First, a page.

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Issue Date: March 2012


Fresh Air, New Ideas

Local pros offer their advice for re-imagining your backyard.
Lynne Thompson
editorial@clevelandmagazine.com

Last Fall, you packed away the lawn mower and garden tools and breathed a heartfelt "good riddance" to your annual battle with nature. But now you can't help thinking about plants to beautify your backyard or ways to create an enjoyable family retreat once summer blooms. Whether your plans are big or you want to start small, here are a dozen ideas to inspire you.

1. Go for a cool pool:

Rectangular pools have become sort of square. Jay Schwartz, vice president of the Chagrin Falls-based Ohio Valley Group, says free-form pools with water tumbling over outcroppings and natural rock are replacing the traditional backyard-pool design. One project his company worked on featured a waterfall wall approximately 15 feet long and 4 feet high. “The water came out from five different locations through the natural rock,” he says. Possibilities are limited only by your imagination and your community’s building codes.

2. Don’t waste rainwater.

A soggy backyard spot does not always require a drain to solve the problem. Jonas Pattie, executive vice president of The Pattie Group in Novelty, says several of his clients have chosen to plant rain gardens — areas of water-loving trees, shrubs and plants that absorb precipitation naturally. Other conservation-minded ideas include installing a rain barrel or cistern and using the runoff from rooftops, driveways and other paved areas to irrigate lawns and gardens. Such moves often have as much to do with the cost of letting water go down the drain as the price of drawing it from the tap. “Municipalities are going to start putting taxes on sewer bills and water runoff — those things are already happening,” Pattie says. “In order to save money, homeowners are going to have to conserve water.”

3. Take interior touches outside.

Although a home’s architecture generally dictates landscaping choices, interior details should be considered when making decisions about decks and patios. “[The choices are] driven by details from inside the house,” explains Mark Mazzurco, president of H&M Landscaping in Newbury. He adds that such consideration is crucial to achieving that desirable blurred line between indoor and outdoor spaces. To achieve the effect, Mazzurco often repeats floor patterns found inside a home in its outdoor spaces. The simple design of a carpet-border inlay, for example, can be approximated in the border of a paver patio. Similarly, the detail in a home’s kitchen cabinetry should influence the design of a home’s outdoor kitchen, bar or seating wall. Do it right, and you’ll have an outdoor space that looks like it was planned when the home was built.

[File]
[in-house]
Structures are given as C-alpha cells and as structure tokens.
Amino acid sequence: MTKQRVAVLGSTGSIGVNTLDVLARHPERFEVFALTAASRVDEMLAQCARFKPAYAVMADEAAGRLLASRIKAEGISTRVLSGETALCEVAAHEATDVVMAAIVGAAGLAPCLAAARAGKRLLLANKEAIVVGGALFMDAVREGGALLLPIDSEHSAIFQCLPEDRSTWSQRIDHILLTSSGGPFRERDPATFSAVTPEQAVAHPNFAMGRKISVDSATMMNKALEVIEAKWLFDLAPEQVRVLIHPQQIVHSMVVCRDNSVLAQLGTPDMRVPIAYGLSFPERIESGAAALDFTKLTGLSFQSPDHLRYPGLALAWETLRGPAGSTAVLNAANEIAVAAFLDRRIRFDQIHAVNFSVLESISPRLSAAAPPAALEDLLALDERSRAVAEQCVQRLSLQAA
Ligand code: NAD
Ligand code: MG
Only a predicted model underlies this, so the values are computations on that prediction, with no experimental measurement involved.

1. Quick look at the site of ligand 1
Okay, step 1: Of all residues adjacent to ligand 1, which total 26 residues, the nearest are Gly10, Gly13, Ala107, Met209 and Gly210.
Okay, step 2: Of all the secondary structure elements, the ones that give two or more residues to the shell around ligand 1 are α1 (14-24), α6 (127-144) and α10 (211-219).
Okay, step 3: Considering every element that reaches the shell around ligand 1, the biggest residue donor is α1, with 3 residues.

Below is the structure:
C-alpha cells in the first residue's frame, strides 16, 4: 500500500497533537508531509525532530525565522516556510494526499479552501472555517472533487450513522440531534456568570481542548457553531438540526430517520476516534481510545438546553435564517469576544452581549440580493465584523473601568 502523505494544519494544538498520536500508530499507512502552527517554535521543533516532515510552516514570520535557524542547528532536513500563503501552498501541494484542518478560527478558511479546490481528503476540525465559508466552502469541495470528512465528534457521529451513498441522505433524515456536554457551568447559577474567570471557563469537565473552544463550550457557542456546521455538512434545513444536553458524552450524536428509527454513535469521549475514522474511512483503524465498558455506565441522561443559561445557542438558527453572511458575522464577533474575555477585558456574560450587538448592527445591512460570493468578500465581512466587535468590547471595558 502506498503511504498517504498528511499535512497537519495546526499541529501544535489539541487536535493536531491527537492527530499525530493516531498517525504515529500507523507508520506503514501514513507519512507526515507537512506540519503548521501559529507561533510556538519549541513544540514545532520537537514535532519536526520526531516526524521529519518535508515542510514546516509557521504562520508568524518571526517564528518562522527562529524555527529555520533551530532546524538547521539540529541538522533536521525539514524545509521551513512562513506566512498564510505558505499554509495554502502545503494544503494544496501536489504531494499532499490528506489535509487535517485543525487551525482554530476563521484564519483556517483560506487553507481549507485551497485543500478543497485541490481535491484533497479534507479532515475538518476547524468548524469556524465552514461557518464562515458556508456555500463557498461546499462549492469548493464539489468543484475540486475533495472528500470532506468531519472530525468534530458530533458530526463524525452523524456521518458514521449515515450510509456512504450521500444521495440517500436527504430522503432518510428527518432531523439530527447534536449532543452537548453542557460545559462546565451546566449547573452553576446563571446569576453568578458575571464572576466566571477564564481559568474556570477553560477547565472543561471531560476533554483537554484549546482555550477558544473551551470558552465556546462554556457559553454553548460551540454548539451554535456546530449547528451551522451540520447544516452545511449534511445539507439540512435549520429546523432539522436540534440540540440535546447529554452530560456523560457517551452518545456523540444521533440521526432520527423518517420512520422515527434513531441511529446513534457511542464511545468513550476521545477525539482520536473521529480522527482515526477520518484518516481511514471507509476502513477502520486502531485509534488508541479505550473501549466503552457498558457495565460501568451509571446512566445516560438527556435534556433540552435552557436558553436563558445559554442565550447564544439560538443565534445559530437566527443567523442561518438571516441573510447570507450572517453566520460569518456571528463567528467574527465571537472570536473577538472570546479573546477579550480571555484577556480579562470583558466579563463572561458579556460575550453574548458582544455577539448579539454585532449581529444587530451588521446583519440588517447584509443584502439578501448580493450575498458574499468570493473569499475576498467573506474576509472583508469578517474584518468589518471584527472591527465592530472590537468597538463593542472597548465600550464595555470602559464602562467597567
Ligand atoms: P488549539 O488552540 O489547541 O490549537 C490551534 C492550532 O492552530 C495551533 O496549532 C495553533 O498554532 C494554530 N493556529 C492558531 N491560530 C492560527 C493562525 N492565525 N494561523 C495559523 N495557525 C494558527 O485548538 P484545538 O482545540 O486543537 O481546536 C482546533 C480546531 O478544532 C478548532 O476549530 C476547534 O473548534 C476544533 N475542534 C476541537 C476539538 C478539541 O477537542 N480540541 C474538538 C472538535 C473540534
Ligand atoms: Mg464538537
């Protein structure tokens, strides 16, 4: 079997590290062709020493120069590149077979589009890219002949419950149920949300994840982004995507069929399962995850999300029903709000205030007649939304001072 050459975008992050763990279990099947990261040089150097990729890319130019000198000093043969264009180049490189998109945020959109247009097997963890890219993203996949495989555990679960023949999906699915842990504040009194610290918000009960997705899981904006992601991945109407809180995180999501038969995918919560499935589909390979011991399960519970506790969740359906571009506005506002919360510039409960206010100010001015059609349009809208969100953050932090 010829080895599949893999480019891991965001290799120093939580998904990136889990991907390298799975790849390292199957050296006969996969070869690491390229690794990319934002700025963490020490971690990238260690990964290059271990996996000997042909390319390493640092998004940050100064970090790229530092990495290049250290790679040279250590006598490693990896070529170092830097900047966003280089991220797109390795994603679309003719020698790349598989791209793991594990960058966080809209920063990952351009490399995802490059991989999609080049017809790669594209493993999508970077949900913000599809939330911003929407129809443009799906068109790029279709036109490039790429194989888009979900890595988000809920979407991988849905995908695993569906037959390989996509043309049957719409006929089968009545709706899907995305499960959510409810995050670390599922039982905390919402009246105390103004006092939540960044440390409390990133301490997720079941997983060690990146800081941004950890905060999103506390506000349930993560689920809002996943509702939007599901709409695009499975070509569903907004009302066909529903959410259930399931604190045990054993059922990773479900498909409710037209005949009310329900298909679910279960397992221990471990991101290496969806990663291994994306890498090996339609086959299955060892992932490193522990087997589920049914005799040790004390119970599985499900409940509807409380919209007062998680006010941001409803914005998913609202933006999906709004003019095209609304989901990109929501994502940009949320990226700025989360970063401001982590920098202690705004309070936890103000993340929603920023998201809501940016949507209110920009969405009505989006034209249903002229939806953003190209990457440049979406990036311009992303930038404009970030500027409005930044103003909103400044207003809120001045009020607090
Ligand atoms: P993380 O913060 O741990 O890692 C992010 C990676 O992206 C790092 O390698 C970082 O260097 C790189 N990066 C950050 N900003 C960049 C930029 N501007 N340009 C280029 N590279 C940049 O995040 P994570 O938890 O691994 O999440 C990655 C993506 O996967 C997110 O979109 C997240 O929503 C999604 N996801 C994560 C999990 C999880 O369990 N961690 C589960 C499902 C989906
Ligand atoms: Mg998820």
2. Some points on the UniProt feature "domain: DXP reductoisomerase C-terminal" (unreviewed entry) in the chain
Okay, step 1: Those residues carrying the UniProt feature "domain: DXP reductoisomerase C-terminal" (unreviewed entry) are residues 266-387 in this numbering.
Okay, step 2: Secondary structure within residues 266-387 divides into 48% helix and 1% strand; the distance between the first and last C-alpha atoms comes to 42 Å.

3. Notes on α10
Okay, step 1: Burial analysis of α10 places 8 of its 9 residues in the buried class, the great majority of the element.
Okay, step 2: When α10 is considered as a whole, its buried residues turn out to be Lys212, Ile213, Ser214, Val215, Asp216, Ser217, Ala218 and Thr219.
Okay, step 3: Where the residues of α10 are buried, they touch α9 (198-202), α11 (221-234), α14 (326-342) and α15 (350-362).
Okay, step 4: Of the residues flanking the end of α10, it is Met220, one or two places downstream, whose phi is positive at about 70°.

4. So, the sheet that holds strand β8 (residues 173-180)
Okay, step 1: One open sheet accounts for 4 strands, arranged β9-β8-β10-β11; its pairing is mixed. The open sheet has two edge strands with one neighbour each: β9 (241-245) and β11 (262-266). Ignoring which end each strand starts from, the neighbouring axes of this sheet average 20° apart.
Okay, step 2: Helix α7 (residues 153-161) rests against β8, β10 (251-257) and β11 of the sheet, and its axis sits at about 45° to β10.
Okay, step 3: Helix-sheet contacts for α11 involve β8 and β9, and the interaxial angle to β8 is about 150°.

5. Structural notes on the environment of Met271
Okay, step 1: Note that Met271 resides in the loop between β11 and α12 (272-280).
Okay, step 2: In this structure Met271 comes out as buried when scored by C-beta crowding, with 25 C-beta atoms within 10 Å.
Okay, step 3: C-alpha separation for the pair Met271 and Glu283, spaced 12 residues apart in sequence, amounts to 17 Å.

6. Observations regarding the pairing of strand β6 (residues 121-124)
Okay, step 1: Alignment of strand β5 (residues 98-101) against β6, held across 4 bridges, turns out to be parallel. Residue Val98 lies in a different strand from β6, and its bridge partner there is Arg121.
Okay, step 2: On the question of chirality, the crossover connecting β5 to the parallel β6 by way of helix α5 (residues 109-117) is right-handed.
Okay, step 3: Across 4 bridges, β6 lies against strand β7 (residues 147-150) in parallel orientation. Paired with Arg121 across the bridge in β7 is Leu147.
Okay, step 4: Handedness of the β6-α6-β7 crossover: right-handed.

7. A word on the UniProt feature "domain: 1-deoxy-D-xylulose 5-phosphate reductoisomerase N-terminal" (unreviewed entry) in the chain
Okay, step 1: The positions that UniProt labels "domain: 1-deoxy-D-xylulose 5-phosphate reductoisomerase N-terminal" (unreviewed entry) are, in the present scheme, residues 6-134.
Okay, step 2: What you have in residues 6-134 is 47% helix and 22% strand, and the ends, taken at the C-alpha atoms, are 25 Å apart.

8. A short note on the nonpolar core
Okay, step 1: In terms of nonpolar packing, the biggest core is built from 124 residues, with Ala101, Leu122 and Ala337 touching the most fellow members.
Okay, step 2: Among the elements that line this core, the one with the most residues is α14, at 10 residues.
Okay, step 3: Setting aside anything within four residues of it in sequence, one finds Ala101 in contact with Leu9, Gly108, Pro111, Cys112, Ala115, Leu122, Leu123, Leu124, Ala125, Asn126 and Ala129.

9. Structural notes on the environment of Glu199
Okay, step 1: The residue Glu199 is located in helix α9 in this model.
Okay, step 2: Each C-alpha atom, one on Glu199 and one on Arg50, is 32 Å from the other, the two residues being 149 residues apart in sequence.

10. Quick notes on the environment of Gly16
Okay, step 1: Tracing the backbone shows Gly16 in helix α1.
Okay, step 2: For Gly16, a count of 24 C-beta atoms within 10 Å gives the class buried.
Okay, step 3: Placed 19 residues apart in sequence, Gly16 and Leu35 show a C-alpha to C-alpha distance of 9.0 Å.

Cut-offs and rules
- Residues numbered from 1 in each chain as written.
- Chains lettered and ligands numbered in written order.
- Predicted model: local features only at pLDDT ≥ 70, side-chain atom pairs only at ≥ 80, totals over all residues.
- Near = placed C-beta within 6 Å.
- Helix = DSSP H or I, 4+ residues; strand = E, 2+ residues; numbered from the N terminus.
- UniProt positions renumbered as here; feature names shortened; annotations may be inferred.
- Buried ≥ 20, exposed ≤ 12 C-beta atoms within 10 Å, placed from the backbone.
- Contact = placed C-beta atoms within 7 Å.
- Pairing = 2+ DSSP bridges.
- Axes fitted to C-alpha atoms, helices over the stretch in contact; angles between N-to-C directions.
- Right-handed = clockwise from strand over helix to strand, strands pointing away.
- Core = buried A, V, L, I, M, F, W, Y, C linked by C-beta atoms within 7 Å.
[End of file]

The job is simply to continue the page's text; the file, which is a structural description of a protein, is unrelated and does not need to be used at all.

4. Go natural with stone.

Even facing a tough economy, many homeowners are requesting natural-stone patios, which are pricier than those built with stamped concrete or pavers. Jeff Rak, owner and president of Land Creations Landscaping in Columbia Station, says half his customers are going the natural route. He adds that Pennsylvania bluestone is one of the most common requests no matter the style of home because it’s as durable as any paver. “Typically, you would have seen it outside a traditional home,” Rak says. “But now, we’re doing it outside homes that are more contemporary.” He stresses the importance of proper installation to achieve a long-lasting result and warns against using slate and sandstone, which are prone to cracking. He also advises against laying limestone in shady areas of the backyard. “It can get moss growing on it, which makes it slippery,” he says.

5. Consider LED lighting.

We’ve all heard the complaints that LED lighting is just too cold and sterile for home use. “Most clients didn’t like the bluish-white light,” says Joe Drake, president of J.F.D. Landscapes in Auburn Township. But manufacturers have now developed a warm white LED that’s much more appealing and provides all the advantages of its traditional counterpart. The units, which are available in a range of styles, are also long-lasting, low maintenance and energy efficient and require none of the trenching needed for wiring incandescent lighting. That last point makes a big difference when you consider uses such as illuminating trees along a 600-foot-long driveway. All that’s needed is to run a low-voltage line from a transformer at the house out to the road. “We could not have done that with incandescent light,” Drake says.

6. Spice up your herb garden.